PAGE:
When an armed police officer says "Let's go outside" while placing hands on someone and shoving him in the direction of the exit, this constitutes what people in official costumes call an "arrest," and refusing to cooperate constitutes what such people call the supposed crime of "resisting arrest."
No, the specific phrase "you're under arrest" wasn't spoken, but it doesn't have to be: Any time someone wearing the habiliments of the coercive caste detains, restrains, or redirects the progress of a member of the productive class, an "arrest" has taken place. Police were given permission to do this to you at their own discretion — whether or not you've actually inflicted an injury upon anyone else — by people whom you've most likely never met and wouldn't care to know.
What if the gentleman in San Diego who was escorted from his seat to "talk" with a police officer had offered the following reply to the officer's invitation: "No, thanks — if you want to `talk' we can do it right here, in the seat I've paid for, on my terms rather than yours"?
What if he had reacted to the officer's presumptuous (and illegal) gesture of placing hands on him to escort him from the area by knocking the hands away and saying, "You don't have permission to touch me — keep your hands off!"
There's little reason to doubt that either of those reactions would have resulted in an immediate escalation of aggressive violence by the police officer and his comrades, who would then file a "cover charge" against the victim (most likely "resisting arrest" or "disorderly conduct").
Amid the ugliness of that incident could be seen evidence of a small but welcome change in public attitudes toward state "authority": The Chargers fans, doubtless aggravated by the taunting they endured by a Jets fan as their home team went down to defeat, criticized the police for their needless display of authoritarian violence.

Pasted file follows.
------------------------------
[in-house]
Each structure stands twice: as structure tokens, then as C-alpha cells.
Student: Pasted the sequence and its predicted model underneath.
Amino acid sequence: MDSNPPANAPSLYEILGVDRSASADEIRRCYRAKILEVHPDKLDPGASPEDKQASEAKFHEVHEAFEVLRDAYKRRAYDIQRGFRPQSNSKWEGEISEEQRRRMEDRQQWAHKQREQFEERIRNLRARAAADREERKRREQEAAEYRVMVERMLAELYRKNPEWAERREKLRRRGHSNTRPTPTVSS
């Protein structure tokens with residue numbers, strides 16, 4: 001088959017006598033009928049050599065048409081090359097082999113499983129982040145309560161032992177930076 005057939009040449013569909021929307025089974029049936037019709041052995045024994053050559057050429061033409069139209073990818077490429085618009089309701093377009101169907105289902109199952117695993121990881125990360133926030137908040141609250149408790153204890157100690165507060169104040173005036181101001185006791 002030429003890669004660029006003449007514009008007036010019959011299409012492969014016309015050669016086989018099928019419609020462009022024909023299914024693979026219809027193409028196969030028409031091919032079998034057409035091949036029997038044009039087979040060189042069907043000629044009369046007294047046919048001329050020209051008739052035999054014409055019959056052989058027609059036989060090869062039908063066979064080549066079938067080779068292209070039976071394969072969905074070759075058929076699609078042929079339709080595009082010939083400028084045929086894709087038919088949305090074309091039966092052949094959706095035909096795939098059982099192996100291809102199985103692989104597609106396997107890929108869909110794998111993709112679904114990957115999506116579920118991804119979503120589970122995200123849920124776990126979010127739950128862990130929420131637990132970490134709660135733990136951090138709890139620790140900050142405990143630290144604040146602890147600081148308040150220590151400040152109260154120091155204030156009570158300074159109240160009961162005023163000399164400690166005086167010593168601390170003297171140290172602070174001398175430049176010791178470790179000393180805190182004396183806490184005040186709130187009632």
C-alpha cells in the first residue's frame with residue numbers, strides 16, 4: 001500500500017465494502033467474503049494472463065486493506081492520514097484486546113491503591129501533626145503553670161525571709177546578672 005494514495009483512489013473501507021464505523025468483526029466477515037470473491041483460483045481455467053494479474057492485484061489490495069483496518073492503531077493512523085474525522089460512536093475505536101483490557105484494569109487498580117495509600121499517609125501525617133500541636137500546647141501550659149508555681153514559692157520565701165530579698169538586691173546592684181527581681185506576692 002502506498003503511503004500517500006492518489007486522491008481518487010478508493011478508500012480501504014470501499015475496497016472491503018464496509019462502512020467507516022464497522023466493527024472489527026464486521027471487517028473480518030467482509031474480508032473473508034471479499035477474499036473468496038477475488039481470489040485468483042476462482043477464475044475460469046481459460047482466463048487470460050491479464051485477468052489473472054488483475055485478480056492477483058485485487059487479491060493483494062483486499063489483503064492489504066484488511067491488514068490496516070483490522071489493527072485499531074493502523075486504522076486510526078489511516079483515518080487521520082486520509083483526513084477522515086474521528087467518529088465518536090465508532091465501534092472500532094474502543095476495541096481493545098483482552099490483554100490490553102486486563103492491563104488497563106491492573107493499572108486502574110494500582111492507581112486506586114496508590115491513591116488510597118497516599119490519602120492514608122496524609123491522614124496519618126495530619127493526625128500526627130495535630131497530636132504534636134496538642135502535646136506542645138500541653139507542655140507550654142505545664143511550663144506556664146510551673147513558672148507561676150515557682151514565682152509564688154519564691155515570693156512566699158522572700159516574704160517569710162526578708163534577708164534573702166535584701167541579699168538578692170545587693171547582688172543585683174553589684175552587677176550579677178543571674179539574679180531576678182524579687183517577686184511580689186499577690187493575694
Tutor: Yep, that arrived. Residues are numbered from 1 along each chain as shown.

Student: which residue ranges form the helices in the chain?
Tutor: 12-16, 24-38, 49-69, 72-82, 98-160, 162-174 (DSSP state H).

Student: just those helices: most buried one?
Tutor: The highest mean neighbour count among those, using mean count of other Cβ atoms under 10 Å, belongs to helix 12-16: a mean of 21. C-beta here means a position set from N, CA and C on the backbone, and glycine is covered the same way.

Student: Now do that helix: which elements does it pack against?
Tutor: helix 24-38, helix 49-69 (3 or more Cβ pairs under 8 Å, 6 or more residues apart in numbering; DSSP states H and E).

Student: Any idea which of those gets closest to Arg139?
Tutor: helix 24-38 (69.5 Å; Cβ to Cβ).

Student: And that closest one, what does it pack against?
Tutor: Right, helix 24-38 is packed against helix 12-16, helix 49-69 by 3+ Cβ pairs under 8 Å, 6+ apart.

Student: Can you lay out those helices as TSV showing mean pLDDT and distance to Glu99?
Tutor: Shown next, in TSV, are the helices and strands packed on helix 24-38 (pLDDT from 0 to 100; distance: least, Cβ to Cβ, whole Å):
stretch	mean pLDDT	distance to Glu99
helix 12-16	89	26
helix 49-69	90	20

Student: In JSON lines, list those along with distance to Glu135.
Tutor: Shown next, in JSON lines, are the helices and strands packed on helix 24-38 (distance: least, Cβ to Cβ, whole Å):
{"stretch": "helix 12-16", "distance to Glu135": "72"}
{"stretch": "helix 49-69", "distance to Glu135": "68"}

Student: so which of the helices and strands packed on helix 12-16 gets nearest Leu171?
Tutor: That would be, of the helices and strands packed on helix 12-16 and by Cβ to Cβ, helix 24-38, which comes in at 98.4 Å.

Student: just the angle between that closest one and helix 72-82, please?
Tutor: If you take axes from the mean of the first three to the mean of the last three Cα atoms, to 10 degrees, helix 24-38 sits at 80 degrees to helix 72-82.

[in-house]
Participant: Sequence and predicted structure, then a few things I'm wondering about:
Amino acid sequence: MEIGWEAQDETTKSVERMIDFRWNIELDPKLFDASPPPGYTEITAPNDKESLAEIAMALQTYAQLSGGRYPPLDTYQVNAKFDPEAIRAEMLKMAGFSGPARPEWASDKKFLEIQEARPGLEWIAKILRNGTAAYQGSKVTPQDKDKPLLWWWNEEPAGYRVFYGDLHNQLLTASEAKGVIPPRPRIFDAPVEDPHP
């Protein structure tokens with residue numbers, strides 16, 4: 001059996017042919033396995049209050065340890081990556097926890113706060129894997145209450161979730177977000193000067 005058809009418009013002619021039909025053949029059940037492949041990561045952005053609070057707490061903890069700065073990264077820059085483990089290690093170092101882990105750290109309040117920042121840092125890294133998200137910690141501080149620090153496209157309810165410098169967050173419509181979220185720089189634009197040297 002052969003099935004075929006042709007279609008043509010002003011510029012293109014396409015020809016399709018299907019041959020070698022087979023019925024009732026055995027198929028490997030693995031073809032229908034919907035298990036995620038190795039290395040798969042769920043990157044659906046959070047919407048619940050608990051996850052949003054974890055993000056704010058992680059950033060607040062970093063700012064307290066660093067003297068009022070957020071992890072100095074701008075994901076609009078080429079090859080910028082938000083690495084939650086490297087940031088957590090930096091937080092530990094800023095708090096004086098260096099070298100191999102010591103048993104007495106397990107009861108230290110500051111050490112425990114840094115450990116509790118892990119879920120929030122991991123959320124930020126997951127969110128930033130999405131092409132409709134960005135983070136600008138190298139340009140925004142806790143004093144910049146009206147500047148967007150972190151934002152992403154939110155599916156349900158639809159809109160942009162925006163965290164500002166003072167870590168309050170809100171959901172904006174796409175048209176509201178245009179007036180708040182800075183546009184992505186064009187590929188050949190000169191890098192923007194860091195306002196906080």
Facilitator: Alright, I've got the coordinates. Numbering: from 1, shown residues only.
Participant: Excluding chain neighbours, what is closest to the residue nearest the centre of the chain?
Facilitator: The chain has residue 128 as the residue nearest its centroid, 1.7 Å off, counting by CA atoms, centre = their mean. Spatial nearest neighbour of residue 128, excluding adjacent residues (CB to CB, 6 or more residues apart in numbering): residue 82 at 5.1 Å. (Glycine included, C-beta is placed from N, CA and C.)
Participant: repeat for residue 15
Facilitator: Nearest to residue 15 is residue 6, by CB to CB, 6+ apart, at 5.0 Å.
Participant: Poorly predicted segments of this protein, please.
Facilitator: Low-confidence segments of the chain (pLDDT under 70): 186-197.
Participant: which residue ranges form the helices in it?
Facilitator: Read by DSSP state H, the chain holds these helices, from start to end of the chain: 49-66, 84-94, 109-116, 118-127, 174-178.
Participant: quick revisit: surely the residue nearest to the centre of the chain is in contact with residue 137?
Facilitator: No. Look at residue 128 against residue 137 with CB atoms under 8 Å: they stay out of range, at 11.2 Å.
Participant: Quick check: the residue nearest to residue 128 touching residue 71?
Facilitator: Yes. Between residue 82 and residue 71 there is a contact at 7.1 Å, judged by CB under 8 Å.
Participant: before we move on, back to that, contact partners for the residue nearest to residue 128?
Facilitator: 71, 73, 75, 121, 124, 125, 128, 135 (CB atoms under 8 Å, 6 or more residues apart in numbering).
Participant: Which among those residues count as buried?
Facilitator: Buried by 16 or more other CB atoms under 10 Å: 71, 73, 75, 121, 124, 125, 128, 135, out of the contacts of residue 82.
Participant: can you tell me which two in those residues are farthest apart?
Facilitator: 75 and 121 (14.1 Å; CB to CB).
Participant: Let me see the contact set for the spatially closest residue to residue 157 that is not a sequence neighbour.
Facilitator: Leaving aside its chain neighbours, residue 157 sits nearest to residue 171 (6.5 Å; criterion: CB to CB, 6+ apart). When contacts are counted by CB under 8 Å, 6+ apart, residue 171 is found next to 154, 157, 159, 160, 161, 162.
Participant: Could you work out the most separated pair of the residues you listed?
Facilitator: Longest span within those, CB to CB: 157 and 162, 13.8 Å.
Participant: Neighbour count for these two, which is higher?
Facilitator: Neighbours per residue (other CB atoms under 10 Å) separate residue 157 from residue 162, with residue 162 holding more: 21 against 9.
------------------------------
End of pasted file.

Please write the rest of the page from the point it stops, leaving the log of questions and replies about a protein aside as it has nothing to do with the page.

Granted, their reaction (with the exception of the insistent protests of the fan who was "invited" outside) was far too subdued. But even this somewhat timid and torpid resistance is a miraculous improvement over the bovine docility most Americans have displayed as the garrison state has taken shape around us.
Were it not for my principled opposition to mob violence, I'd be tempted to think it would be a healthy development if American sports fans get in touch with their inner Soccer Hooligans next time police needlessly rough up a spectator at a sporting event:
The case of New Hampshire resident Ed and Elaine Brown illustrates the second way innocent people regularly find themselves on the receiving end of the state's criminal violence — that is, refusing to be bound by "contracts" made by other people.
Federal Judge Gorge Z. Singal recently decreed that the 67-year-old Ed Brown will spend the rest of his life in prison. This isn't a punishment for anything Brown did to anybody, but rather for "tax evasion" — that is, refusing to surrender his honestly earned money to a criminal government — and "stockpiling weapons and explosives" — that is, taking reasonable precautions to defend himself and his wife when heavily armed stormtroopers in the employ of the Regime surrounded their "compound" — that is, what honest and rational people call their "home."